Conundrum Part II: Write a Novel With Only a Sketch to Guide You

I’ve told people not to ever throw out unfinished creative work. Completed creative work that you really hate, sure. The experience of creation and evaluation is more valuable than the product, in that case. But unfinished work? The beginning of something? Getting rid of that is like cutting out the warmup before a race. Why not go into a massive undertaking, like, say, to write a novel, already having stretched your muscles?

2016 in general was a massive undertaking, full of significant changes. Many of those changes were achievements of one sort or another, which made 2016 a win personally, even though, globally, the year was kind of a tire fire.

One of those achievements, and a significant one for me, was that I wrote a book during National Novel Writing Month. Or, at least, a good chunk of it.

NaNoWriMo 2016

Proof I made it!

 

That was November 31 when I hit 50k. I learned a ton doing it. Since then, I’ve put another 18 000 words into The Amundsen Effect. It’s got probably another 19 000 to go. I’ve been doing more on YouTube lately than I have done writing. It’s a product of a lack of necessary input (see Rule 3 here) and a general difficulty I’ve had staring at text on a screen afterwards, given the month I’ve had at work.

The Amundsen Effect started as a sort of Canadianized riff on The Martian, a version of The Martian for ecologically-motivated millennials. “A reporter battles the elements, sinister forces, and his own unreliable mind as he tries to survive being abandoned in the high Arctic,” reads the synopsis on my NaNoWriMo novel page, where you can read the first chapter, if you’re so inclined.

I’ve been lacking motivation. Not just for writing; the past couple months have been bad for diet, exercise, everything. So I’m charting my habits and behaviours – I’ll talk about my incentives soon. I’ve decided to get back into the habit of writing regularly again. After all, I have 19 000 words still to write before this first draft is finished. At my target pace, that’ll be in about six weeks. I think that ultimately it’ll be more like nine, but it’ll still be done before the spring.

An old post from five years ago today jump-started my desire to finish my desire. It’s titled Conundrum, and it talks about my desire to make a video game. It contains in it the following:

I’m not equipped to create a[n expansive videogame] world in my spare time. But as I had no other ideas, I halfheartedly kept making notes and slowly updating a wiki to organize everything. For the last week, I’ve been developing a game I didn’t want to make.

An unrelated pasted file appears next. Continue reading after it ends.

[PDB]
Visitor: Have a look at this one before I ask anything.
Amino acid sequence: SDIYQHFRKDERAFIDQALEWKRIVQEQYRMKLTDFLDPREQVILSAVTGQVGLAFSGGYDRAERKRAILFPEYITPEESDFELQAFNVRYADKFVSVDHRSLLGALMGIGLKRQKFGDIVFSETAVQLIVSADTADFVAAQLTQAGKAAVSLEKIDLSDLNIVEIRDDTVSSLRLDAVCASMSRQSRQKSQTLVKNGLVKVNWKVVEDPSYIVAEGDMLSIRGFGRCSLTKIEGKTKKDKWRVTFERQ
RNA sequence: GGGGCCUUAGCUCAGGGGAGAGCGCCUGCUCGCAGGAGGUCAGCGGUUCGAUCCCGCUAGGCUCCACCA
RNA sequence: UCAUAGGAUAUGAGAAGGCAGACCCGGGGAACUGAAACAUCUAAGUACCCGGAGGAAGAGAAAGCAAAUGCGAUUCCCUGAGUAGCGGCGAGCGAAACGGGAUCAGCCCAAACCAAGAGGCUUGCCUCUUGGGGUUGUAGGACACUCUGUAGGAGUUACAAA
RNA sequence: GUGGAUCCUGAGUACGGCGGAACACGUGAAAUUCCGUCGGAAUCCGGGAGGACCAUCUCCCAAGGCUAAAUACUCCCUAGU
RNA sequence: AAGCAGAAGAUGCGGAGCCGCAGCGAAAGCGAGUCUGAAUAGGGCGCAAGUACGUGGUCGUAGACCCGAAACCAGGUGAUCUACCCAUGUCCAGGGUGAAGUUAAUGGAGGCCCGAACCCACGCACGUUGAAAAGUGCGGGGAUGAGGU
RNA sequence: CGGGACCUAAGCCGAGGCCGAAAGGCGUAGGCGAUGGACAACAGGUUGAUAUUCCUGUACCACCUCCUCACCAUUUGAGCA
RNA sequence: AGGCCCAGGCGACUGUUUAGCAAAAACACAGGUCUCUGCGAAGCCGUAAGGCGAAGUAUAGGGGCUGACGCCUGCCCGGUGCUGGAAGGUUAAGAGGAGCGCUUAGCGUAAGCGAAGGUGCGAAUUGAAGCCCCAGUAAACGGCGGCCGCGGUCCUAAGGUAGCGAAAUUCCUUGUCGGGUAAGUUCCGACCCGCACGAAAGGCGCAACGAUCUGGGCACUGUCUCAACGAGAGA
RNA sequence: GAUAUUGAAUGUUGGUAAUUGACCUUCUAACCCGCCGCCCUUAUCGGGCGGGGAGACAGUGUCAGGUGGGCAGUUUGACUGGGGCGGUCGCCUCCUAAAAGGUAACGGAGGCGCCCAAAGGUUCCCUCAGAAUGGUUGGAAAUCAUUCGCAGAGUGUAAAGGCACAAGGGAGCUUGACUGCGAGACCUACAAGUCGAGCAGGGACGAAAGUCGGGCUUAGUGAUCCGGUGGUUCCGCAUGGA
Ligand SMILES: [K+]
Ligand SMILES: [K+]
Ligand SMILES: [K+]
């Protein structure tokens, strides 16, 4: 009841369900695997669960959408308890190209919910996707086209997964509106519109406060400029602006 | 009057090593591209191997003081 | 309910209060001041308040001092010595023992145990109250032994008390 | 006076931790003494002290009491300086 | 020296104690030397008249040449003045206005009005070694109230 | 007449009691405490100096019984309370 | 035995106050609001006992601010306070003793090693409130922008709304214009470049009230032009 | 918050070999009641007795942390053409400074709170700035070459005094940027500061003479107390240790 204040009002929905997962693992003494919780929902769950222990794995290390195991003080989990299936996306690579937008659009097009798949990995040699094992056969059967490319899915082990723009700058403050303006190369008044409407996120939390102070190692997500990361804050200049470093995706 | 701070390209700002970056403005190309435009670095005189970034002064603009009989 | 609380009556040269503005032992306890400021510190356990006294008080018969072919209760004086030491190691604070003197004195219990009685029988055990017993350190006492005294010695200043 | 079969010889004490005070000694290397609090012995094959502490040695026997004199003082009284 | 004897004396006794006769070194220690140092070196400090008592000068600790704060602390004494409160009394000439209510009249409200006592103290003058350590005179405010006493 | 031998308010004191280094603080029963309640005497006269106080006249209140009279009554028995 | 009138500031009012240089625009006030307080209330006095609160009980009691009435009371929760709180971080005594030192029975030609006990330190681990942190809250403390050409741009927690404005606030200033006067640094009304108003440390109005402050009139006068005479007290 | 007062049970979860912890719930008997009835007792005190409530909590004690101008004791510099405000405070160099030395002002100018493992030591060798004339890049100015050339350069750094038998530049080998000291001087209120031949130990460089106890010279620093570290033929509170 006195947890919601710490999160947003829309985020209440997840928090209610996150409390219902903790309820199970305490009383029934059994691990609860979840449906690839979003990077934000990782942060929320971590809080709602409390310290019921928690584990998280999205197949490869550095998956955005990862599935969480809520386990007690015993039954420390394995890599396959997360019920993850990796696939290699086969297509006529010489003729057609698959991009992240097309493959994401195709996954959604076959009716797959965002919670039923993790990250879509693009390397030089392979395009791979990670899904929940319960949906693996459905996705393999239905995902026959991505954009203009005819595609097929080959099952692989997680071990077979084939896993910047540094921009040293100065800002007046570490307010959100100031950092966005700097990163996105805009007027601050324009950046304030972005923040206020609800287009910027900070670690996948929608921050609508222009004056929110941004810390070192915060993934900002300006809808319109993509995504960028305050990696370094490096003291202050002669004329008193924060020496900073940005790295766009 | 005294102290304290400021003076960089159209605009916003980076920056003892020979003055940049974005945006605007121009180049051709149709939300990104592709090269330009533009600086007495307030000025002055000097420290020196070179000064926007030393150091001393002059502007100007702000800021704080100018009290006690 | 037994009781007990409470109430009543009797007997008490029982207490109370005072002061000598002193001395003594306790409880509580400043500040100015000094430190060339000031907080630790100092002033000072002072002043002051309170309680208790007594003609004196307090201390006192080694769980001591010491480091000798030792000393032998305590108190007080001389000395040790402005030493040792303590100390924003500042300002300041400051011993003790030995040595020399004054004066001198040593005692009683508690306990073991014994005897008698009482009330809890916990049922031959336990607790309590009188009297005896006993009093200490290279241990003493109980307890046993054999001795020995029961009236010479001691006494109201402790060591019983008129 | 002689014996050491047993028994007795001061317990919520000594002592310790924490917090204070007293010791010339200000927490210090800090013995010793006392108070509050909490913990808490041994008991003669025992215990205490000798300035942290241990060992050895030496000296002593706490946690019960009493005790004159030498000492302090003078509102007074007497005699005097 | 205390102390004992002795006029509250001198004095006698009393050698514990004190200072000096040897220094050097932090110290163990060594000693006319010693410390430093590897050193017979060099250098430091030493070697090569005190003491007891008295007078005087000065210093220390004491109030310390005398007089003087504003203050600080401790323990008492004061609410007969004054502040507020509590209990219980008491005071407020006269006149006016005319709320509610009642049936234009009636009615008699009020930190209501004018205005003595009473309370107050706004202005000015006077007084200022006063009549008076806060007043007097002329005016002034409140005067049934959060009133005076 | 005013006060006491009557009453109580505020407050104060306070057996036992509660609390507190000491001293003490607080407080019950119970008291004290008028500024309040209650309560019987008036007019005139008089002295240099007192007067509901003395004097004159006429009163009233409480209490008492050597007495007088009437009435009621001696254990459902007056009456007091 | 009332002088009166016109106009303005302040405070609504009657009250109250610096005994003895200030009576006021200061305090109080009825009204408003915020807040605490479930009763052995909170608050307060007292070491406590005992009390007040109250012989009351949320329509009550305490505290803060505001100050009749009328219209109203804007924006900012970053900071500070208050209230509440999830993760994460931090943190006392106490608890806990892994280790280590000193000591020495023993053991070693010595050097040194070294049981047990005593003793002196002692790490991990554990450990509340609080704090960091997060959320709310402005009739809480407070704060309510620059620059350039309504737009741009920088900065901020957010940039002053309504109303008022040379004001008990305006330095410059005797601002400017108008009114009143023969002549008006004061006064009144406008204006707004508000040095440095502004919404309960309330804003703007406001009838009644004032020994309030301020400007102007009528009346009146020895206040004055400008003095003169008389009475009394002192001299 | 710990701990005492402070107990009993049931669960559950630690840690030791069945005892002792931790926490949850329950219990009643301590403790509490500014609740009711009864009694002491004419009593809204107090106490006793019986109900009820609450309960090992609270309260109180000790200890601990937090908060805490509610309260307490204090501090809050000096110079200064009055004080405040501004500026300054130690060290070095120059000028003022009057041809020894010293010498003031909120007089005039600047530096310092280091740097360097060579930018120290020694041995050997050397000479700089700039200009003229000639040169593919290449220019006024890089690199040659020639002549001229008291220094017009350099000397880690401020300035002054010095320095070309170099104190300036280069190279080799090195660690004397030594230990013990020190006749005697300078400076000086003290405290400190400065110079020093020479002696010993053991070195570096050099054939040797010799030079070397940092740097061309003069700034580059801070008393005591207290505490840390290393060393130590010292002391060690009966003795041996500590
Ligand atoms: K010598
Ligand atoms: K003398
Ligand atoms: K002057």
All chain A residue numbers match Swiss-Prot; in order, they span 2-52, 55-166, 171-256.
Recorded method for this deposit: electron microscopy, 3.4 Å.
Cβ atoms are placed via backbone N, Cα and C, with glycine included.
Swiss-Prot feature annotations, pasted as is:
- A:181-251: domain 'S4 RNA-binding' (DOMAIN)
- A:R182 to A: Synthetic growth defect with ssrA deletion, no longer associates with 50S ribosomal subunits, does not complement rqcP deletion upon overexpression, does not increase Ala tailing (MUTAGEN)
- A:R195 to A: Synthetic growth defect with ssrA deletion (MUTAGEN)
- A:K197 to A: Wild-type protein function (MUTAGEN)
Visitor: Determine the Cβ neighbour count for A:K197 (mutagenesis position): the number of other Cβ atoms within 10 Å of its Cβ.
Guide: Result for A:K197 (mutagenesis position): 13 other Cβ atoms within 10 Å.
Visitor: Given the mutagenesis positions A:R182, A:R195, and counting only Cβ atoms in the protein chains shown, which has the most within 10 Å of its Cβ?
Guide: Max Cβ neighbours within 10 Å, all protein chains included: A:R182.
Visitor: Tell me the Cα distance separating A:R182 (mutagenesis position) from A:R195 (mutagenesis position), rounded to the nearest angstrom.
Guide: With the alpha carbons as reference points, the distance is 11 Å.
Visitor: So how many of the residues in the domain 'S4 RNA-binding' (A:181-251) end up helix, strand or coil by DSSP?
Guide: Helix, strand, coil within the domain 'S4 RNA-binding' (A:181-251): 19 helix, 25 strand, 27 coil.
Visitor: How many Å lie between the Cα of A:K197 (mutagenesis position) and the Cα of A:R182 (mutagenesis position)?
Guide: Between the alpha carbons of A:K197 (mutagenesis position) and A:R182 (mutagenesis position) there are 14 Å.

Then, today, while putting away the dishes, I had a flash of insight. Just a mental image:

A man crawls out from behind a snow-frosted and upturned table, bleeding. The vessel he’s on is abandoned. He knows why he’s there and who he is, but has no idea why the boat is silent. It’s night. Polar night. He’s in the high Arctic, freezing to death, and alone. And something doesn’t want him to get off the boat.

Then I sketched this.

CCGS Beaufort - 2012, from the novel The Amundsen EffectThis is it. This is my game. Confined by the size of the boat. Confined in its scope. Atmospheric. A character study. An old-school adventure game, built on free tools, an opportunity to really showcase my art and writing. Fewer voice actors needed. And way more accessible than a JRPG.

I don’t have a name for it, or a high philosophical concept, or a motivation to make it that borders on obsessive. What I do have, however, might be something that people would want to play. And something I feel I can make–and make well.

Back in 2012, I came up with the idea for the opening of my novel (again, read the first chapter here, if you’re interested), but I didn’t know what direction it would take. I didn’t know that it would become a thematically dense piece of writing. I didn’t know that it would eventually tackle the rampant technologism that permeates the discourse around climate change. I didn’t know that it would deal with whiteness and the millennial, progressive desire to learn about and develop empathy for aboriginal and Northern issues, and how to navigate that as a responsible ally. I didn’t know that it would be a love letter to millennial tech culture and new media. I didn’t know that I would fall in love with my story, that it would make good on my admiration for Stephen King and his distinctions between horror and suspense (mine is very much a suspense novel), that I would have a blast writing it, that I would see it being worth something someday.

So, after five years, this is a conundrum that I’ve resolved. I didn’t tell this story as a point-and-click adventure game, it wasn’t an elaborate escape room. It became so much more. It became more because I grew, because I got smarter, but also because I never got rid of that original idea, that blog post, that drawing.

A lot of people say don’t give up on your dreams. It’s an easy cliché. I want to say don’t give up on your ideas, either. Maybe it’s not their time, but it might be some day, in some form. Give them the opportunity to work for you again. You might just be surprised at how well they turn out.

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